There are still some stocks and option strategies which may yield sizeable gains when properly managed, even in negative markets.
Waste Management: Where Automation is a Perfect Fit and a Route to Increasing Profits
I recently recommended shares of Waste Management (WM), a leader in waste collection and related businesses as the shares are trading in an excellent price area.
I had recommended this stock earlier in 2021 and sold it for a nice profit as shares entered a consolidation pattern. The story then was pretty interesting, with solid waste volumes rising due the changing habits of people and businesses that were adjusting to the pandemic.
But now that the pandemic has evolved and has become a part of daily life, the waste business has continued to change. Interestingly, WM is still seeing higher volumes, which suggests that its business is not likely to stop growing anytime soon.
In addition, as with most other businesses, WM is experiencing higher labor costs and supply chain disruptions. While that may be a negative for some businesses, WM is adjusting better than many.
That’s because its business is actually quite adaptable to the changing landscape. For one, with rising waste volume and supply chain disruptions, there is an increased demand for recycled products. This has increased the company’s recycling business. Moreover, even with high labor costs, WM is increasing the automation at its recycling plants, and is starting to deploy more AI throughout its entire business platform.
What that means is that at some point, automation will cut costs which will be additive to the bottom line during a period when volume is increasing. Indeed, the most telling metric for WM is the fact that they added twice the number of new customers in the most recent quarter than they lost.
As a result, the company offered yet another quarter of upbeat guidance, as it expects strong business demand to continue and no real resistance to price increases from needy customers.
The stock has backed off after a recent breakout, but is holding well above support, which offers an opportunity to buy on the dip. Accumulation Distribution (ADI) and On Balance Volume (OBV) have bottomed out, which means that profit taking is almost over and that buyers are coming back in.
I own shares in WM as of this writing.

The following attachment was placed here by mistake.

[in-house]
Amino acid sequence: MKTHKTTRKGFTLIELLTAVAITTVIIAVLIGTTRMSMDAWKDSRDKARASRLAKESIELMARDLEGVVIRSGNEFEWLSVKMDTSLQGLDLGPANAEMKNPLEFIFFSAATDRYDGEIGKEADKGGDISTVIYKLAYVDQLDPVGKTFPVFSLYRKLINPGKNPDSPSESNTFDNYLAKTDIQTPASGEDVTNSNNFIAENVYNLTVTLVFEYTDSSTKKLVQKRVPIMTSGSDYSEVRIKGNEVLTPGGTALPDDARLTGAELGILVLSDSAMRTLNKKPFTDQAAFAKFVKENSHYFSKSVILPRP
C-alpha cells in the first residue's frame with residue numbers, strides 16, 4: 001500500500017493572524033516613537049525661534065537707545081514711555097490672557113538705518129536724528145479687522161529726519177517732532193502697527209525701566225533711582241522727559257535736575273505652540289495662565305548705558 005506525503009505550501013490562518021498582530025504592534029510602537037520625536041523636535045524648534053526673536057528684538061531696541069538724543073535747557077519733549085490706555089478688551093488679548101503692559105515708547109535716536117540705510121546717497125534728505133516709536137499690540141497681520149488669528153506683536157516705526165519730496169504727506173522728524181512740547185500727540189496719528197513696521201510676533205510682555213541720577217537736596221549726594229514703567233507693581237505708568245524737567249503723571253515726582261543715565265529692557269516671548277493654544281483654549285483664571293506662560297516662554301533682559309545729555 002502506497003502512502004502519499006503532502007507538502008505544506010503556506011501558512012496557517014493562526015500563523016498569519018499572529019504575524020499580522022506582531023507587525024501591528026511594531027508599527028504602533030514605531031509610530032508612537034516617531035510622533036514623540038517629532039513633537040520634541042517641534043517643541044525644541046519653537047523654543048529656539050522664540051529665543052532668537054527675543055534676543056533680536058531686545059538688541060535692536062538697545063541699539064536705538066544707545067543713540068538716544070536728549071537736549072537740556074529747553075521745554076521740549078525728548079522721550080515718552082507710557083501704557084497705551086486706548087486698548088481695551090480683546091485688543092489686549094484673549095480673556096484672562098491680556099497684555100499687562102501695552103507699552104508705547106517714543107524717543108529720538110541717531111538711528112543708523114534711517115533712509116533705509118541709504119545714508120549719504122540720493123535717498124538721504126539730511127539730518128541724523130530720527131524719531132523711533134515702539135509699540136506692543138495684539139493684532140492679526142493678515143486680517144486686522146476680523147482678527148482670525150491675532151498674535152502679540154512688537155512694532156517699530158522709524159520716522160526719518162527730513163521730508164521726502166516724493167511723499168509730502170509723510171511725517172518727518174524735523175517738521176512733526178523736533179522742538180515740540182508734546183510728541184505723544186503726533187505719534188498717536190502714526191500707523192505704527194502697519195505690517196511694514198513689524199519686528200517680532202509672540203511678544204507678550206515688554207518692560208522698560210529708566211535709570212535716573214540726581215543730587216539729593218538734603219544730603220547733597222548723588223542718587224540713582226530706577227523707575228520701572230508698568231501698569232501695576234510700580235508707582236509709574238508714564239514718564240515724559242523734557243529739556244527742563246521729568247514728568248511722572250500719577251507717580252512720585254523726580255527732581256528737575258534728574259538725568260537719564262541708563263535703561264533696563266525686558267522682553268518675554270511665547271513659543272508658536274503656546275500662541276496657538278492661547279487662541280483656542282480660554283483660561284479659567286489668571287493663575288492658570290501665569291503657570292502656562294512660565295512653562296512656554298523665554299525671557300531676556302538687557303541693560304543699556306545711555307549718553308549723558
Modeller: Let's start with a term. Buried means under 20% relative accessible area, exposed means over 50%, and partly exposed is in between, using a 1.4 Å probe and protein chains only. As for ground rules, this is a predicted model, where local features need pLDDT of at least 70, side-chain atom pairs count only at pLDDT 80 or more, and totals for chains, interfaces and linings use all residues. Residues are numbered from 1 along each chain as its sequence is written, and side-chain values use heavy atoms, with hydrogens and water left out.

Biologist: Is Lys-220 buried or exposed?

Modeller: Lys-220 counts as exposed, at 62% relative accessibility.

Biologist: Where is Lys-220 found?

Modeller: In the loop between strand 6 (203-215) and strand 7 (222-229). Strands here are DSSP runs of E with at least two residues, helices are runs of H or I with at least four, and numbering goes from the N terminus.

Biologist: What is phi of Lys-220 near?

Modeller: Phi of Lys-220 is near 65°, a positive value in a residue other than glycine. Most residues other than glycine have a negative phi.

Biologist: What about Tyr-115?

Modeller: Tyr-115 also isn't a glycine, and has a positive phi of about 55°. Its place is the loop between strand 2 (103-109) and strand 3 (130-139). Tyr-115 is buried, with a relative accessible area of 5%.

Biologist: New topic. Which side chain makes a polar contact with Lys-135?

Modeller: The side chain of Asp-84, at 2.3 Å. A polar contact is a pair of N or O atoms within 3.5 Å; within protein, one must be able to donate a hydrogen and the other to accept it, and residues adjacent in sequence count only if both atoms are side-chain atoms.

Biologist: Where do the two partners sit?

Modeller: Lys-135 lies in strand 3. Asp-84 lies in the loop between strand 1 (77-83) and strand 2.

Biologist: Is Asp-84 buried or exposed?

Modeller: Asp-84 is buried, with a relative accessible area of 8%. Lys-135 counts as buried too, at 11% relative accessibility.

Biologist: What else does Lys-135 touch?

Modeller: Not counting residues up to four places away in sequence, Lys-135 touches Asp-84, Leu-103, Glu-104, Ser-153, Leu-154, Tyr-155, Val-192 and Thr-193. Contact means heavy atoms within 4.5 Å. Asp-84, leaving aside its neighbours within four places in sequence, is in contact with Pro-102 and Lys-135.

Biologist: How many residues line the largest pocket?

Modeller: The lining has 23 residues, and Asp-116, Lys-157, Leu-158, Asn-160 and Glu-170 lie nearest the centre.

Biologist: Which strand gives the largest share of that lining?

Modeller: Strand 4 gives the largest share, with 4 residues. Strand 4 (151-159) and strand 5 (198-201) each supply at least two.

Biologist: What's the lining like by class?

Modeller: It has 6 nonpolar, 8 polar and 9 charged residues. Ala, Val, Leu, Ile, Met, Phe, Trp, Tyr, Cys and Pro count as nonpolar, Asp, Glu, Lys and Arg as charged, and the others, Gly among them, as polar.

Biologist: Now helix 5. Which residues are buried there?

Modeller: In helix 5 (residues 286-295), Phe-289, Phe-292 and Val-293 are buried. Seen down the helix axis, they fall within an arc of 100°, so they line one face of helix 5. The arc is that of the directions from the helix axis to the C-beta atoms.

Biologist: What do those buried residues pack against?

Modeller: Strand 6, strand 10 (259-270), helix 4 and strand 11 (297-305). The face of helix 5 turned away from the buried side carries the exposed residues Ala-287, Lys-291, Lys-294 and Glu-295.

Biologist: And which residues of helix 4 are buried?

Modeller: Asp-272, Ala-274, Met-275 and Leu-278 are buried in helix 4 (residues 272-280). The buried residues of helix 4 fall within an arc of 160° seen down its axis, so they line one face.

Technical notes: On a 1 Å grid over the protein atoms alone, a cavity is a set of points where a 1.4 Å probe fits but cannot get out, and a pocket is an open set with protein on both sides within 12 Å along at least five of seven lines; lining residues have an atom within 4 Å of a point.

Options Traders Turn More Bullish
For the last few weeks, I’ve noted that call buyers have been steadily returning to the market, which is a bullish development. In fact, last week I wrote that if this pattern continued on Monday and Tuesday, and it accelerates after the Fed’s announcement, the odds of the market moving higher will increase. In other words, if by any chance the market’s response to whatever the Fed says is positive, the ensuing market rally may be quite impressive.
How does it work? Here are the simple steps:
- Call buyers force market makers to sell calls.
- Market makers hedge their call sales by buying stocks and stock index futures.
- The cycle self-reinforces as long as call buyers persist, and the stock market moves higher.
And that’s what we’re seeing fairly aggressively at this point.
Market Breadth Extends Breakout. Consolidation in Short Term Likely.
The New York Stock Exchange Advance Decline line (NYAD) has finally delivered a convincing breakout, although it could enter a short-term consolidation pattern in the next few days. Still, for now, the indicator remains bullish, although slightly overbought.
The S&P 500 (SPX) confirmed the new high on NYAD and remains well above its 20, 50, 100, and 200 day moving averages, with good confirmation from Accumulation Distribution (ADI) and On Balance Volume (OBV). As with NYAD, we could see a short-term pullback.
The Nasdaq 100 index (NDX) also confirmed the recent high on NYAD. Even better, the NDX breadth line made a new high, with Accumulation Distribution (ADI) and On Balance Volume (OBV) confirming.
To learn more about Joe Duarte, please visit JoeDuarteintheMoneyOptions.com.